Module 2: Tux Avy Bulletin Assignment

For this assignment, you can choose any day of the season in between Modules 1 and 2, but wait until the regular five-point scale Mount Washington avalanche bulletins have started up for the season (usually around late November or so).
But don't wait until the last minute (and remember the deadlines posted at the student checklist), since certain periods will provide better opportunities than others.

First, read these two articles:
Then, periodically monitor:
Take a day of your choosing (can be during that day, or later on after-the-fact with hindsight), but try to avoid days when the decisionmaking is far too obvious (e.g., weather and/or avalanche conditions so poor that travel is infeasible, or a stretch of "Low" avalanche danger that allows relatively safe travel everywhere).

Write up a very brief summary of the avalanche forecast for Tuckerman Ravine that day, including the recent weather conditions and season-long snowpack characteristics that have led to that forecast.
Then create a simplified avalanche danger rose, showing the rating by aspect and elevation, using the data in this aspect summary spreadsheet if necessary.
Also identify the relevant avalanche "Problems" for which you can use this spreadsheet version of the new AIARE Avalanches and Observations Reference.
For each "Problem" separate out on a five-point scale the Probability (with "Likely" and "Unlikely" at opposite ends of the scale) and "Size" (with "Large" and "Small" at opposite ends of the scale).
And identify the Trend over the next 24 hours (either Increasing Danger, Same, or Decreasing Danger).

So far you have essentially reverse-engineered a typical regional avalanche forecast out of the Tuckerman Ravine micro-scale avalanche forecast.
But now you need to ski -- somewhere in the Presidentials other than Tuckerman (or Huntington) Ravine.

Pick some other Presidentials location at- and/or above-treeline . . . which actually has enough snow to ski!
 (If you're not familiar with the various options, just choose Gulf of Slides ski trail into Gulf of Slides.)

Prepare a touring plan (for the same day whose avalanche bulletin you've assessed), including a marked-up map showing your routes for both ascent (in green) and descent (in red), using an online mapping tool such as CalTopo or any of Presidentials-specific map resources and the previously referenced aspect summary spreadsheet.
Utilize the Decision-Making Framework and "STOP" series of questions as referenced in the assigned Volken backcountry skiing book.
Complete a section of either your own field book or these sample pages from the 2012 AIARE field book.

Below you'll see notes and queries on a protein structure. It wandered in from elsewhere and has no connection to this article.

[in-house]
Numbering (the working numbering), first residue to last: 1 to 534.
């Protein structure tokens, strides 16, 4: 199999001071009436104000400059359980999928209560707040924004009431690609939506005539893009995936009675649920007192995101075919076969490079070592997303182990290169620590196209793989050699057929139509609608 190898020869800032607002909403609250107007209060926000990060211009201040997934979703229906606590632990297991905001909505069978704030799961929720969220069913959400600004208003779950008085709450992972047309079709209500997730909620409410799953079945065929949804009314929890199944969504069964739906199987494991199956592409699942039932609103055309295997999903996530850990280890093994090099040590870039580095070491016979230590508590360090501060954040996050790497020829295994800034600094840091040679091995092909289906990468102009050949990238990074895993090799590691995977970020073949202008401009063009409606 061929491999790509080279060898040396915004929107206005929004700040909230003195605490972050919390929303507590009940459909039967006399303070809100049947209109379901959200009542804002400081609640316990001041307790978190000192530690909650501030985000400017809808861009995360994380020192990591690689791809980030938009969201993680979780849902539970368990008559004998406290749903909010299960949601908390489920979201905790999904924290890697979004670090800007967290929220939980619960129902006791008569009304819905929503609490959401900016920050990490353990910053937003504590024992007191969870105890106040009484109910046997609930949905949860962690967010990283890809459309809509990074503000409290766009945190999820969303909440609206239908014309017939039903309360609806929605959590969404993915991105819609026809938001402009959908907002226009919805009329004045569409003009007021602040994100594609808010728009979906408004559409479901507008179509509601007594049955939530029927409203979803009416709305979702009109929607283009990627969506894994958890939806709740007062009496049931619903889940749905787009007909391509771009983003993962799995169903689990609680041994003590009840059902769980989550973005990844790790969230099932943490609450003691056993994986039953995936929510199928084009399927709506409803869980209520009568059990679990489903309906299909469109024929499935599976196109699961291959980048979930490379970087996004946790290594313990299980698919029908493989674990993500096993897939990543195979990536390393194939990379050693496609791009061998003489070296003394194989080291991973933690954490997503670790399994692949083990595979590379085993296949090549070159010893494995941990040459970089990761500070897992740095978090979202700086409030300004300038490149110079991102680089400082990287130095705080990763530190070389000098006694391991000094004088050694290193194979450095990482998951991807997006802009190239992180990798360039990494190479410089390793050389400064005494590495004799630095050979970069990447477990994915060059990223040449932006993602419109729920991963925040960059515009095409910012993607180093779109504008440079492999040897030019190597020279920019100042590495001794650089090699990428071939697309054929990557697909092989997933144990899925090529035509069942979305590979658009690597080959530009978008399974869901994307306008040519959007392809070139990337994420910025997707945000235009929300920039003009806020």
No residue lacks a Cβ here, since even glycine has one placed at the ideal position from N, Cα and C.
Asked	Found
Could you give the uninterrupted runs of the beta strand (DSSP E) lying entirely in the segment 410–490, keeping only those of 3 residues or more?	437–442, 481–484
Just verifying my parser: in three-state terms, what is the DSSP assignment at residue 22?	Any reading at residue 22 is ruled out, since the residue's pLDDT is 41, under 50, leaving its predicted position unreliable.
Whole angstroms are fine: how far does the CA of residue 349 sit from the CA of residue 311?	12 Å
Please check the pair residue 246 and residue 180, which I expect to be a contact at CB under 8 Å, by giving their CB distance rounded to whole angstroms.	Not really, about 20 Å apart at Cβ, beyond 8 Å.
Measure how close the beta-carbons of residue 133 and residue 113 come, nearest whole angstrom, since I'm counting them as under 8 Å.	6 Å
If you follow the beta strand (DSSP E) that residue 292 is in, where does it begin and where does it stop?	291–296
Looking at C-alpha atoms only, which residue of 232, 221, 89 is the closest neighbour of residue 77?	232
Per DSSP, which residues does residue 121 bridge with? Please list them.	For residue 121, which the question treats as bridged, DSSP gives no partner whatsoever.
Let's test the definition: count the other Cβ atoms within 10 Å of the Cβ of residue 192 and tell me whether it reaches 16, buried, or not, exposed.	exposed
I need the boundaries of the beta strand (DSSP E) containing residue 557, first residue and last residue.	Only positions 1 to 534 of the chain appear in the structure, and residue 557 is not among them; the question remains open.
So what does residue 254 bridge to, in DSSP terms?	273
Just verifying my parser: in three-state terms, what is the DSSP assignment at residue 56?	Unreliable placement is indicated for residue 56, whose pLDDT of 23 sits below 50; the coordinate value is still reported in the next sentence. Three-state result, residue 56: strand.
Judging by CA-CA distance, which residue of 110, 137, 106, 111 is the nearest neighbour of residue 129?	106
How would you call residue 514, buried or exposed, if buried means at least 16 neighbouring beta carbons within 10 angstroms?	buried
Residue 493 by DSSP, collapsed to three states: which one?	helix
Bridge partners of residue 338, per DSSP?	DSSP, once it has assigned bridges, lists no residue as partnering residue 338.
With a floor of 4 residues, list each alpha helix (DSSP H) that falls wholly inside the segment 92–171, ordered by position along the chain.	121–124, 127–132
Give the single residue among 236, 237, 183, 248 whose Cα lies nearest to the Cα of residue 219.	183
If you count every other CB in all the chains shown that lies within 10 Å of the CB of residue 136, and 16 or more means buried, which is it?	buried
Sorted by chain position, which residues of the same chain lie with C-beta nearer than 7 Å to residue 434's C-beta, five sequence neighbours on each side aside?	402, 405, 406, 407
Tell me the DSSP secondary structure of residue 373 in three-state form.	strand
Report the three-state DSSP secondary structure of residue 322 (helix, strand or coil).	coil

You can also use this slope angle estimation tool.
And try to obtain aerial imagery from different aspects and angles, especially from Google Earth.

This should be contained a single pdf file, to be emailed to the Instructor of Record (by the deadline noted in the student checklist), who will then email it to your fellow students.
On the evening of the first day of the Winter Field Sessions, you will present your touring plan to your fellow students (demonstrating your proposed route on the Presidentials diorama at PNVC), as if all of you were contemplating going on this tour (albeit with a smaller group size, and more familiarity among the group members), so the primary feedback will come from your fellow students.
Hence each student's completed assignment will constitute yet another assignment for all the other students. 

Some key issues to address in your touring plan:
  • How does your route compare to Tuckerman Ravine in terms of aspect, pitch, elevation, and fetch areas?
  • What are the major factors contributing to the ratings in the USFS avalanche bulletin, and how might these major factors differ from your chosen location?
  • What recent conditions reports are available for your chosen location?
  • What do you think the avalanche conditions will be for your chosen route?
  • Who are you partners?
  • How familiar are you with the terrain?
  • If conditions turn out to be other than expected, do you have appealing and accessible alternatives?
Major caveat: if this assignment seems hard, that's because . . . it is!
We don't expect anyone to come up with a perfect assessment here -- after all, the difficulty of this assignment is precisely why even the professional USFS snow rangers limit themselves to only two glacial cirques (and even omit many prominent ski lines in one of them).

However, the process of completing this assignment will force you to assess many important factors, as well as keep you periodically in touch with Presidentials conditions . . . and also prompt you to think about the implications of skiing outside the specifically forecasted areas.

Moreover, Tuckerman and Huntington Ravines are the only backcountry skiing destinations with such micro-scale forecasting, so limiting our avalanche course to applying the Tuckerman Ravine forecast to only . . . Tuckerman Ravine would fall far short of the skills you should acquire from a L1 avalanche course.

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